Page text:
Looking at MyRA: a ‘starter” retirement account

March 21, 2014

President Obama mentioned the MyRA (My Retirement Account) in his State of the Union address, and naturally it raised a lot of questions. Here are some answers and observations.

The MyRA is a “starter” retirement program available to everyone, unlike employer sponsored programs such as 401(k)s, 403(b)s and 457 plans which are only available to the employees of companies who sponsor a plan. It will also be available to companies if they choose to offer it. The White House says it will “aggressively” encourage employers to offer the program, noting that they won’t have to administer or contribute to the accounts. I wonder what that means?

Naturally, there are some rules. Here is one of them. All workers may invest in this program, including those who would like to supplement an existing 401(k) plan, as long as their household income falls below $191,000 a year.

MyRAs are built on a Roth chassis. Contributions are made with after-tax dollars, and withdrawals, if made properly, will be tax-free. This differs from a traditional IRA in which contributions are made with before tax dollars and withdrawals are taxable.

How much can someone invest? Initial investments can be as low as $25 and workers can contribute as little as $5 at a time through automatic payroll deductions. Like a traditional Roth IRA, savers will be allowed to contribute up to $5,500 a year under current limits. This floor comes with a low ceiling.

However, unlike most Roth IRAs that offer different investment choices, MyRA accounts invest solely in government savings bonds which are backed by the U.S. government as to the timely payment of principal and interest and, if held to maturity, offer a fixed rate of return and fixed principal value. so savers can never lose principal. While this sounds great, in the long run, which retirement plans are based upon, this may not be a great investment vehicle to outpace inflation.

When it comes to long-term investing, history shows that growth is better than a guarantee. Here’s why. The Ibbotson chart hanging in my conference room shows that between 1926 and 2012, small stocks have earned 11.9 percent, large stocks 9.8 percent, long-term government bonds 5.7 percent, treasury bills 3.5 percent, and inflation has been 3.0 percent. If you don’t mind a roller coaster ride, and you are very young, you might want to put all of your money in stocks. However, most people only like roller coasters in amusement parks, not their portfolios, so they diversify among stocks, bonds and cash.

Looking at growth versus guarantee through another prism shows that the rate of inflation over 86 years has been 3 percent, and the rate of bonds over the same period has been 5.7 percent. So a bond return is not likely what you want for a long-term retirement fund.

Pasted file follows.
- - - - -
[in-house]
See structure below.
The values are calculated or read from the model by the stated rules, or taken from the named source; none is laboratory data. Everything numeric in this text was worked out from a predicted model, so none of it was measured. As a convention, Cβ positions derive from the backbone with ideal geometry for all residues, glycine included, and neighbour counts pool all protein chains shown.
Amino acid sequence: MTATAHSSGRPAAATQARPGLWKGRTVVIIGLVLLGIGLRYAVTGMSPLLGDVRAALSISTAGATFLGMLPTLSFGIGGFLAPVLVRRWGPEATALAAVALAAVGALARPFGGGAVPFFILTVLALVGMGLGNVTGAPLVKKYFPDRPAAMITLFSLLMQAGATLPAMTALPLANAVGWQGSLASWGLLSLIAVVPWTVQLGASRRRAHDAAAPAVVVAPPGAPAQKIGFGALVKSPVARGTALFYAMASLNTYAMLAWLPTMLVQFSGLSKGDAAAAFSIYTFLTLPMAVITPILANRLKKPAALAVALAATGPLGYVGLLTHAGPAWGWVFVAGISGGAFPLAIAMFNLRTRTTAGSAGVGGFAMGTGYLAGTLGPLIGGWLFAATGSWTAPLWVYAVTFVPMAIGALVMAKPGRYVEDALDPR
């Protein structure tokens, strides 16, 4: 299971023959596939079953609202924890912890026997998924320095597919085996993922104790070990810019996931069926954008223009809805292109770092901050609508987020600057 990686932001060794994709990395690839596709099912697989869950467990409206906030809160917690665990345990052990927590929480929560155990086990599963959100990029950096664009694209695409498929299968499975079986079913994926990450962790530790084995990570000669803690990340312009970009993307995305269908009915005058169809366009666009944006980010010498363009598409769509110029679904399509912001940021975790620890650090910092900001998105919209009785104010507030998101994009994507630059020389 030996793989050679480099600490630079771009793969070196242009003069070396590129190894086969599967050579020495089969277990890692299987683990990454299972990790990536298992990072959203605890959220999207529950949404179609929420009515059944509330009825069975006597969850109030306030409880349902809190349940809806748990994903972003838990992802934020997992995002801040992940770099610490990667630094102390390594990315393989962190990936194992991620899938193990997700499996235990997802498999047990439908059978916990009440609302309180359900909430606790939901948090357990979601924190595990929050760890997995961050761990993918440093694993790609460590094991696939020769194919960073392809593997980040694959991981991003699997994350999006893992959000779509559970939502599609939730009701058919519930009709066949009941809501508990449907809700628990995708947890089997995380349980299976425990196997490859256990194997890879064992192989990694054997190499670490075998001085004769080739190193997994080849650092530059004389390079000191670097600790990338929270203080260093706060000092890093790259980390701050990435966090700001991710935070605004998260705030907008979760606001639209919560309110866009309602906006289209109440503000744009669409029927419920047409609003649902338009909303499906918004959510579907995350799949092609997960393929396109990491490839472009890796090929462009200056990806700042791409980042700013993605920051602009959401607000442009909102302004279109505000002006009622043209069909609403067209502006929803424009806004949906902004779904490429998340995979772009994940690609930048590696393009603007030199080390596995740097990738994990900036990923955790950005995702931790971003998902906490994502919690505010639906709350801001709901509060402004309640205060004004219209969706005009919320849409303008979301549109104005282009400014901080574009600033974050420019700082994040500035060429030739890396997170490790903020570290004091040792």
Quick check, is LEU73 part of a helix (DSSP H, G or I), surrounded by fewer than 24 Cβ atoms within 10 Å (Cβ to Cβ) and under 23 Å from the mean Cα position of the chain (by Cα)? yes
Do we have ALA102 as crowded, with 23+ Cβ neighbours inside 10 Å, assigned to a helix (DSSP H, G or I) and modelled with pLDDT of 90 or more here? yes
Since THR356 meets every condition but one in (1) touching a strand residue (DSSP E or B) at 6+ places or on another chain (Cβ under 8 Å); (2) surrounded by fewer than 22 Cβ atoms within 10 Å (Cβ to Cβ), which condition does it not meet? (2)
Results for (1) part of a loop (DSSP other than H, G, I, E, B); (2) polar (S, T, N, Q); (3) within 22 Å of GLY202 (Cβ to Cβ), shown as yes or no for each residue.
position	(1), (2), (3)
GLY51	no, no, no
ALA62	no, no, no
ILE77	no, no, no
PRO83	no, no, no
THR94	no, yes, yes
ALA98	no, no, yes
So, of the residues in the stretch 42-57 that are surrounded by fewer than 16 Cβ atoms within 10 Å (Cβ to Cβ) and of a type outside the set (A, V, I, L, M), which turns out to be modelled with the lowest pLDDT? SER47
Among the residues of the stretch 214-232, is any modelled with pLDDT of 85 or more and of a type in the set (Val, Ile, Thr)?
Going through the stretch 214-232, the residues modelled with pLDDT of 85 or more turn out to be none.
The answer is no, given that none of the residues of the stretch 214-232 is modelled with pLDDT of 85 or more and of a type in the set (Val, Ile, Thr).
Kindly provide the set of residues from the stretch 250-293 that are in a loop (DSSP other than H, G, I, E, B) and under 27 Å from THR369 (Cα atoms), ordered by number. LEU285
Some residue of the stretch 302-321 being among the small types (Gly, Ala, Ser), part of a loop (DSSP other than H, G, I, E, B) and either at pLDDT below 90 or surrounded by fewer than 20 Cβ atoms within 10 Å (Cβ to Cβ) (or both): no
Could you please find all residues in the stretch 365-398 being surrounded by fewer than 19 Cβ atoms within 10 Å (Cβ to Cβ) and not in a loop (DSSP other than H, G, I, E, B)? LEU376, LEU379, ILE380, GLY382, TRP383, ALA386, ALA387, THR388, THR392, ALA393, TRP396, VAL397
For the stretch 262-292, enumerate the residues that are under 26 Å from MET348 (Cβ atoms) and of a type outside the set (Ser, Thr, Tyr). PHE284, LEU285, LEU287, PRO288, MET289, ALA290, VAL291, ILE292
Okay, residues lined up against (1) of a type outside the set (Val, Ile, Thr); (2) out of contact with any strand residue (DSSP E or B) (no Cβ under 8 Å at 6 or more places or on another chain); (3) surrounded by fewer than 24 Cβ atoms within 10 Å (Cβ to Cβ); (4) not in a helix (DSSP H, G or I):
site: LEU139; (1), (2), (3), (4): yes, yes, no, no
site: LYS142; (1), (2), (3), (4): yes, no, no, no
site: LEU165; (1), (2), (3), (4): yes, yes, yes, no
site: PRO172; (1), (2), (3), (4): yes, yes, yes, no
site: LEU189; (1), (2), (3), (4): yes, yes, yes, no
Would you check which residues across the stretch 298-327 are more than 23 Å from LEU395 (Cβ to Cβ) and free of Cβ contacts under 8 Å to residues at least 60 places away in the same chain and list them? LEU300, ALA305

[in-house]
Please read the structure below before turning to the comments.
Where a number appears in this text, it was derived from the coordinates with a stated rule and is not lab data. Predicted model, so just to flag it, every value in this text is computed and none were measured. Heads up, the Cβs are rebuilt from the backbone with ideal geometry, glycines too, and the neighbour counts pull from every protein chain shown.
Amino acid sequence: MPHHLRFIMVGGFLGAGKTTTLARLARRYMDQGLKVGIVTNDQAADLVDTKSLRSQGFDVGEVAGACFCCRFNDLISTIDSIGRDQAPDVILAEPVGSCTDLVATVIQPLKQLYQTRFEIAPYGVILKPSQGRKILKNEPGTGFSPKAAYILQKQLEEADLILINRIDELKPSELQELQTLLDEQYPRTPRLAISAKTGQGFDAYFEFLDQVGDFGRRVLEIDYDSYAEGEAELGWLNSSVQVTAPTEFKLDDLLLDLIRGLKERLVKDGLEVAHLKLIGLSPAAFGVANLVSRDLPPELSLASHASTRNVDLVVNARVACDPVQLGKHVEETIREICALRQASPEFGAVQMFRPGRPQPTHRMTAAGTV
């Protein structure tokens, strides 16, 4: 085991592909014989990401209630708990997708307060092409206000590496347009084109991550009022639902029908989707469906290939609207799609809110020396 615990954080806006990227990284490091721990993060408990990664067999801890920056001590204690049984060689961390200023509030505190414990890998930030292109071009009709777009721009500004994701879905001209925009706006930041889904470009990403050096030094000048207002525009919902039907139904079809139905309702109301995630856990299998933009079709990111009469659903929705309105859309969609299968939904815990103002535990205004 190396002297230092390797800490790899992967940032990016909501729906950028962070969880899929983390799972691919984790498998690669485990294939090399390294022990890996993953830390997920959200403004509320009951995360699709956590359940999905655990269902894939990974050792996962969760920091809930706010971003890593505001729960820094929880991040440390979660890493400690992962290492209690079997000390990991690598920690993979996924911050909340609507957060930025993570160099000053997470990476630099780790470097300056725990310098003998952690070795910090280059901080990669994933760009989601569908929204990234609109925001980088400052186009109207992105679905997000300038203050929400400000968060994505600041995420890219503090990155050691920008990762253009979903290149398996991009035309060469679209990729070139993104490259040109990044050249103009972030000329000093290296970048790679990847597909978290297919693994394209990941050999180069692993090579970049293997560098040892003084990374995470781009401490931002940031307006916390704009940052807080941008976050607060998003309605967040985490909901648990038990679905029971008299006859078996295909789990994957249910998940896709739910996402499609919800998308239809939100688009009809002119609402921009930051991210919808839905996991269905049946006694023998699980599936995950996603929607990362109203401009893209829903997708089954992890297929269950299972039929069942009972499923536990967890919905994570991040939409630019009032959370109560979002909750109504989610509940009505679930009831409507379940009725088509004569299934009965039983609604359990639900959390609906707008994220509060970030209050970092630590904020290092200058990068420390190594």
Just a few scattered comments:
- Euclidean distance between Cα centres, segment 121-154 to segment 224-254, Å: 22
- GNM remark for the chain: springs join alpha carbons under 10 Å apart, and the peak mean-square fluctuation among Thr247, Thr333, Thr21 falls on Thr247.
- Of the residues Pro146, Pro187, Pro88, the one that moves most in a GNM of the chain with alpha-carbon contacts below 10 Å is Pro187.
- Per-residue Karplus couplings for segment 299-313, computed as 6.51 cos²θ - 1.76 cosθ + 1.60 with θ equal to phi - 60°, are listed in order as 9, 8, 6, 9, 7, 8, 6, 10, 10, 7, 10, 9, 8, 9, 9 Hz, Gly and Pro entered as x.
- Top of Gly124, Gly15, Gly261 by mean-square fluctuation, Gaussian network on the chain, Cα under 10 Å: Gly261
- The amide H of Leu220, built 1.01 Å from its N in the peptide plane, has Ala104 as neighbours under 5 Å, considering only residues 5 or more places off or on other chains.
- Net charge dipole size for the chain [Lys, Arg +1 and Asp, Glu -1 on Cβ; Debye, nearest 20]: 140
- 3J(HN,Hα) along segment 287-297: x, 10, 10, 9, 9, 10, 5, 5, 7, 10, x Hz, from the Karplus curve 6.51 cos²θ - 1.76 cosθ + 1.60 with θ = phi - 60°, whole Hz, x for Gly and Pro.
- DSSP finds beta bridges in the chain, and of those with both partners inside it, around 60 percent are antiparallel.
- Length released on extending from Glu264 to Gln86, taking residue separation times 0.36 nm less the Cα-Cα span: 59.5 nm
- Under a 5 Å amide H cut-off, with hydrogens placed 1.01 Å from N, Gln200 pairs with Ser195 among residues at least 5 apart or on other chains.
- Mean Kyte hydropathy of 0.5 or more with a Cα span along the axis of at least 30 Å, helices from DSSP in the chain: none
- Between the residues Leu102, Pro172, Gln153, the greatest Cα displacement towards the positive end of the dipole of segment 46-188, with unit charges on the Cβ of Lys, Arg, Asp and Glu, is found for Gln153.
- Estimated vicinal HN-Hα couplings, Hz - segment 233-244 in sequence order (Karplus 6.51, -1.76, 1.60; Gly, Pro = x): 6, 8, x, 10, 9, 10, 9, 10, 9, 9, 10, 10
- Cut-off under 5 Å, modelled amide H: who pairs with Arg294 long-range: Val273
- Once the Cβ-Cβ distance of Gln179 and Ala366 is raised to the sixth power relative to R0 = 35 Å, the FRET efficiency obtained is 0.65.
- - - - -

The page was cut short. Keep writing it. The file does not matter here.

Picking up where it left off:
But wait a minute, upon reviewing the website of the Thrift Savings Plan (TSP) one sees the G Fund, the government bond fund on which the MyRA is based, the C Fund that is made up of the stocks of large and medium-sized U.S. companies, the S Fund that holds the stock of small to medium-sized U.S. companies and the I Fund that holds international stocks of 22 developed countries.

The president has oft made mention of his “pen and your phone” to get things done because of a recalcitrant Congress. Well, he has already used his pen to direct the Treasury Department to set the MyRA into motion, although I believe that it is the job of Congress to do that, so why doesn’t he use his phone and talk to the TSP to make the stock funds available to the “folks” as well?

One more thing, at the top of the page outlining the G Fund, you will find the following “guarantee”: Government Securities Investment Fund is mention of, “avoiding exposure to credit (default) risk.” At the bottom of the page is a PDF that contains a letter dated November 15, 2013 from Alastair M. Fitzpayne, Assistant Secretary for Legislative Affairs to Gregory T. Long, Executive Director of the Federal Retirement Thrift Investment Board.

Here is the last paragraph of the letter, “Enclosed is the report covering the operational status of the G Fund during the most recent debt issuance suspension period. As explained in the report, the Treasury has fully restored the G Fund to the position it would have been in had there not been a debt issuance suspension period.”

Interestingly, with a $17 trillion national debt, Congress recently passed a “farm bill” that spends $956 billion between 2014 and 2023. The following is from my buddy, Neil Cavuto’s website regarding some of the elements of the “farm bill”:

  • $2 million for sheep production and marketing;
  • $10 million for Christmas tree promotion;
  • $170 million for catfish oversight;
  • $119 million for peanut crop insurance;
  • $100 million for organic food research;
  • $150 million to promote farmers markets;
  • $3.3 billion for a cotton income protection plan;
  • $12 million for a “wool research and promotion” program; and
  • $100 million to promote the maple syrup industry.

This bill has a lot of pork.

All performance referenced is historical and is no guarantee of future results. Stock investing involves risk including loss of principal. The prices of small cap stocks are generally more volatile than large cap stocks.

The opinions voiced in this material are for general information only and are not intended to provide specific advice or recommendations for the individual. Randy Neumann is a financial professional with and securities offered through LPL Financial, member FINRA/SIPC